Venezuela’s President Nicolas Maduro recorded a video address as he wandered across Moscow’s Red Square, following a meeting with Putin.
“It’s Red Square, the temperature is +3C, the time is 22:15, in Venezuela it’s 15:15. Sending my regards to the people of Venezuela and our friends in Latin America and the world,” the Venezuelan president said on the video.
“From Moscow we confirm that a different world order is possible, the world without empires, the world of fraternity,” the Venezualen leader stated.
In the video, Maduro is seen accompanied by spouse Cilia Flores, Venezuelan Communications Minister Jorge Rodriguez, Oil Minister Manuel Quevedo and Minister of Industries and National Production Tareck El Aissami.
“Vladimir Putin and I, we have ratified the strategic cooperation plan, in a bid to victoriously wrap up year 2019 and secure prosperity in the future,” Maduro said in his address. “I leave Moscow happy because we ratified the path, whose beginning was set by Commandant [Hugo] Chavez, the path which brings great results. Thank you, Russia, thank you, President Putin.”
Desde Moscú, envío un saludo al pueblo venezolano cargado de éxito por la extraordinaria jornada de trabajo con el Presidente Putin. Ratificamos el mapa de cooperación estratégica para culminar victoriosos el año 2019 y asegurar la prosperidad de los años futuros. ¡Un Abrazo! pic.twitter.com/wz7QWgjjDz— Nicolás Maduro (@NicolasMaduro) September 25, 2019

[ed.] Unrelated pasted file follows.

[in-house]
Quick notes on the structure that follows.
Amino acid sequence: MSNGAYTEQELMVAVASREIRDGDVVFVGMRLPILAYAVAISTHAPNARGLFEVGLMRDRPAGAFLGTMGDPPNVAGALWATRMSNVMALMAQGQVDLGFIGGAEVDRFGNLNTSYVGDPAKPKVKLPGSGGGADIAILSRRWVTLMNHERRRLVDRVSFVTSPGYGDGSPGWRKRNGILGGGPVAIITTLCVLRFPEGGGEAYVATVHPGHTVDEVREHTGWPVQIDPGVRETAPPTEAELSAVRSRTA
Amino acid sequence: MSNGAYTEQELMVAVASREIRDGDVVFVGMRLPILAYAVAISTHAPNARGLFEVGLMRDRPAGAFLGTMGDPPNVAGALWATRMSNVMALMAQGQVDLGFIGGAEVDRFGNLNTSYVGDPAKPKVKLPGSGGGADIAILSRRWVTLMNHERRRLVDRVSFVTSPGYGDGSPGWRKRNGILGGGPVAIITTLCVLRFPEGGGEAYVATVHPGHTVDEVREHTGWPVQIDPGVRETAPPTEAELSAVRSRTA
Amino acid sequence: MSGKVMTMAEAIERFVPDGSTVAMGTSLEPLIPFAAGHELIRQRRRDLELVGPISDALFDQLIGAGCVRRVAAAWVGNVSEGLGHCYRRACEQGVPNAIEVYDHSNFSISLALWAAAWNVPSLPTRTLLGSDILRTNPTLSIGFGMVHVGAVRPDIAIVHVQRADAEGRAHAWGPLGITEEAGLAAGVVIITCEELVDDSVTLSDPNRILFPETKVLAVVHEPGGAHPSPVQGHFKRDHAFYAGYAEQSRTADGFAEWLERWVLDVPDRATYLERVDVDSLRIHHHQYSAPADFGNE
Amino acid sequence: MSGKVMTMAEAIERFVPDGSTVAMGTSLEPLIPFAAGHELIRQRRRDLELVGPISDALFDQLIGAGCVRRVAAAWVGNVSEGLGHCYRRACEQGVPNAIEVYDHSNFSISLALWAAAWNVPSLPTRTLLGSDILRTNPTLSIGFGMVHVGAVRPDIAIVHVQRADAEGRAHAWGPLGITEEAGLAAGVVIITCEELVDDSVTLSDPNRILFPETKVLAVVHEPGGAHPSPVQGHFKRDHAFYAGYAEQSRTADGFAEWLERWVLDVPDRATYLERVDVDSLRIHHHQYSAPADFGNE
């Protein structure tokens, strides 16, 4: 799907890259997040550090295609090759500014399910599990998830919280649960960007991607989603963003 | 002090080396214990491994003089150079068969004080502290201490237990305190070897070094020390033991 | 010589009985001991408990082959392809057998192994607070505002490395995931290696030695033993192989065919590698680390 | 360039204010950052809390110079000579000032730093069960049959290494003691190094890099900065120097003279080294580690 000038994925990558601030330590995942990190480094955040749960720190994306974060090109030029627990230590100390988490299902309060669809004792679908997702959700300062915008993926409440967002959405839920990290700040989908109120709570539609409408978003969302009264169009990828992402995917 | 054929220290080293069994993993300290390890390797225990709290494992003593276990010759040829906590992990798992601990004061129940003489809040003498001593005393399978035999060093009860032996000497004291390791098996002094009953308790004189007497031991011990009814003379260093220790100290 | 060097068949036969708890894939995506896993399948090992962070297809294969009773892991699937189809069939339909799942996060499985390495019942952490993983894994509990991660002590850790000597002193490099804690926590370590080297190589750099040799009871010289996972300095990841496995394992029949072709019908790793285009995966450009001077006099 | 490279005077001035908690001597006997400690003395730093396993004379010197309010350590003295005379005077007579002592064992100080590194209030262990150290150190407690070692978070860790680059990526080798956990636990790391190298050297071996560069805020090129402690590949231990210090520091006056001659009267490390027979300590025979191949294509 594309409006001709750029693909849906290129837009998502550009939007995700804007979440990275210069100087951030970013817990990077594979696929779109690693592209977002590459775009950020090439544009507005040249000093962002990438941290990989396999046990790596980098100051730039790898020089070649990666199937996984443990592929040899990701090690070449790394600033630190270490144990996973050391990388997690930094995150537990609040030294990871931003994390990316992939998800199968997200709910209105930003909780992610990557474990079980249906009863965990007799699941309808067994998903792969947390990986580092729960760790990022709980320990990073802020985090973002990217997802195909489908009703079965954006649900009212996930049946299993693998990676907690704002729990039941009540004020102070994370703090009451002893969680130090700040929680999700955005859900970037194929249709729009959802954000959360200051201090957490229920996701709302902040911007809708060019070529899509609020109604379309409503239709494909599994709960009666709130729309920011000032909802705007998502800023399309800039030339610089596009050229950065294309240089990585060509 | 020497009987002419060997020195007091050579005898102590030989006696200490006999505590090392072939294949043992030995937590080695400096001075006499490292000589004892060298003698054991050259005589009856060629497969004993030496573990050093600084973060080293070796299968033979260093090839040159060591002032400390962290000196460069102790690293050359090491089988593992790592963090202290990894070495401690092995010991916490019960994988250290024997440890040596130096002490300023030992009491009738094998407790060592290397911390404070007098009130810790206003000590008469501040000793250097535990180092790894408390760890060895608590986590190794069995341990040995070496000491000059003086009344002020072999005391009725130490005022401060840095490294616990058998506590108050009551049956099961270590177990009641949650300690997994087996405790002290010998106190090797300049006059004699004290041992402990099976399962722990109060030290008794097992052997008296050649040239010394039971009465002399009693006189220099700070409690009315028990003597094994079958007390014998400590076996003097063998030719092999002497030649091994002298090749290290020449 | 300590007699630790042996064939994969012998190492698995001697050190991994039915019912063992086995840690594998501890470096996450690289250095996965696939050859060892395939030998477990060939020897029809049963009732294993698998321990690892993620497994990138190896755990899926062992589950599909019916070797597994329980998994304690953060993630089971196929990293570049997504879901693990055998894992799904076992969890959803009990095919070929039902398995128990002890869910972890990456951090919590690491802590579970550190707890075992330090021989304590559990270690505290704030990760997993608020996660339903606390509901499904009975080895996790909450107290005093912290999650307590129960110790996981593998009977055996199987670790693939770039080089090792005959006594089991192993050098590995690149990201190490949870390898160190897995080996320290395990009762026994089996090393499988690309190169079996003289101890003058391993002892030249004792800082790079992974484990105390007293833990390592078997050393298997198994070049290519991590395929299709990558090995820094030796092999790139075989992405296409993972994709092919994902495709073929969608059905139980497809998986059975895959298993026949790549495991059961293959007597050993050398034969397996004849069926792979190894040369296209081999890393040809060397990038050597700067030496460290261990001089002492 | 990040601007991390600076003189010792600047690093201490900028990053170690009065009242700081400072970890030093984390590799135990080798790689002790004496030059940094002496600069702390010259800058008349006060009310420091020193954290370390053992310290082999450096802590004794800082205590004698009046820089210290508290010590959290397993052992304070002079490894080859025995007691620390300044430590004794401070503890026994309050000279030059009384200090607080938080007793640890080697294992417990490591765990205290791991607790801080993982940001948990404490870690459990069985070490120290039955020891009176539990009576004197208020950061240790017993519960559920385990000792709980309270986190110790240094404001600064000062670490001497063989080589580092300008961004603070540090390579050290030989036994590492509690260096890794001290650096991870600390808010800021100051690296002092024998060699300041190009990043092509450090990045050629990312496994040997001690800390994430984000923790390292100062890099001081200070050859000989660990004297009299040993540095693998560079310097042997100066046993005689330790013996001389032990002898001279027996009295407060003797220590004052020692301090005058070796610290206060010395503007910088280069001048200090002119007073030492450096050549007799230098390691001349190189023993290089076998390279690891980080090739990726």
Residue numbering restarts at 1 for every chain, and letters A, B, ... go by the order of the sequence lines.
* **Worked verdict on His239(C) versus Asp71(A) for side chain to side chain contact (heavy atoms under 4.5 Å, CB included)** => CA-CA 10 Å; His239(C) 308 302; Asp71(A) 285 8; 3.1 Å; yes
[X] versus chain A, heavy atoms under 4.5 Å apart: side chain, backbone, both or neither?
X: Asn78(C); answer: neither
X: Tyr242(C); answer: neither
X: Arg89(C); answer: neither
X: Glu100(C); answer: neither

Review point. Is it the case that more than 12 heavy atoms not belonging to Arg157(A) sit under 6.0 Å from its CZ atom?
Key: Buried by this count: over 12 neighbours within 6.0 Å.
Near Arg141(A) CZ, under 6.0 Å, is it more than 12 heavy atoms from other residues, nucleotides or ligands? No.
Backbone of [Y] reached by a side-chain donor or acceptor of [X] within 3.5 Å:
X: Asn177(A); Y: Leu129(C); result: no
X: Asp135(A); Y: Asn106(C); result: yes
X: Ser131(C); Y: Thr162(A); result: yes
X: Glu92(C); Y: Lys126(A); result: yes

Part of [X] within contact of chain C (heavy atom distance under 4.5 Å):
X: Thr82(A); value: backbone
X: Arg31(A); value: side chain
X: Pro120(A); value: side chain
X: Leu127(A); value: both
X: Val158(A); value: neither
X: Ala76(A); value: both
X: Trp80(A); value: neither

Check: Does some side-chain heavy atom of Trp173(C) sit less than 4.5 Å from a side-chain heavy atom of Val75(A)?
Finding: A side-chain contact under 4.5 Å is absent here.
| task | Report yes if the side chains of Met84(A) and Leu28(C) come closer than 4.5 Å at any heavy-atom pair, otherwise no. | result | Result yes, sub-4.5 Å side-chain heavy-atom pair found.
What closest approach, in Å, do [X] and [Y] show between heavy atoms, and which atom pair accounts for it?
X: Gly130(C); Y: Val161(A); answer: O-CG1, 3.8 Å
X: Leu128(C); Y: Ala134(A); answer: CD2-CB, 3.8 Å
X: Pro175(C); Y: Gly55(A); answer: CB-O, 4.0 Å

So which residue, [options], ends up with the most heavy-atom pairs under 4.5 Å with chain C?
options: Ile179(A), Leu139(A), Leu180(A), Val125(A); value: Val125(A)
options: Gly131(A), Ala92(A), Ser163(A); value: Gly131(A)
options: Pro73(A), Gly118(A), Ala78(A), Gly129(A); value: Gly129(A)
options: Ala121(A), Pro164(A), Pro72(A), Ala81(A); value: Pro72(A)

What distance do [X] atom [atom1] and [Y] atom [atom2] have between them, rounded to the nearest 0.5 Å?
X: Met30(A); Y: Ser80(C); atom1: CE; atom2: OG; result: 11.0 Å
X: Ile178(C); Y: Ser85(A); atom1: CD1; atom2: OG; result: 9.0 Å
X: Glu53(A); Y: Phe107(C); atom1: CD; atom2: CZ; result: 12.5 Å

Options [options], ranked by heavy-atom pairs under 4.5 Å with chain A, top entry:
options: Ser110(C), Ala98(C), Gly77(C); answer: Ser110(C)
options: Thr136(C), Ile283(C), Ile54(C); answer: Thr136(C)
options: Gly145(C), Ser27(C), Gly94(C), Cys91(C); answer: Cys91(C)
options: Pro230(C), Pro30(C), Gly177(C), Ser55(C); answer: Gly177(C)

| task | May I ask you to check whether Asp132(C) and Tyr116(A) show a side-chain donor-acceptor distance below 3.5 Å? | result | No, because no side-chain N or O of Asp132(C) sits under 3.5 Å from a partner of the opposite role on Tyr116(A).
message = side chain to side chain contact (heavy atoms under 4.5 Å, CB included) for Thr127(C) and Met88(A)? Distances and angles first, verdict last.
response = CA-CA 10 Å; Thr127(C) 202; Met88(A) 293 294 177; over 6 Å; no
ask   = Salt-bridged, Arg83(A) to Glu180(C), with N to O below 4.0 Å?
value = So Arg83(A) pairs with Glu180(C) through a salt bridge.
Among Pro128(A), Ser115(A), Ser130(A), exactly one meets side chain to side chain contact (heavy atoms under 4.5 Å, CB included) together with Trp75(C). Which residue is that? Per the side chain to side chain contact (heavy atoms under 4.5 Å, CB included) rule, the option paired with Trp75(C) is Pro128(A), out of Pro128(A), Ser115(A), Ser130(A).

The Venezuelan leader arrived in Russia on Tuesday. The next day, he held talks with Putin, who reiterated Moscow’s support to “all legitimate authorities in Venezuela, including the president,” as well as support for Maduro’s dialogue with the political opposition in Caracas.
In recent days, Maduro sought to improve relations with opposition parties to reshape Venezuela’s electoral council which oversees elections in the country, as well as other reforms, after talks with opposition leader Juan Guaido broke down, AP reported Wednesday.
On Tuesday, Maduro’s United Socialist Party ended its two-year boycott of the National Assembly, seeking to renew their influence on a government body still controlled by the opposition.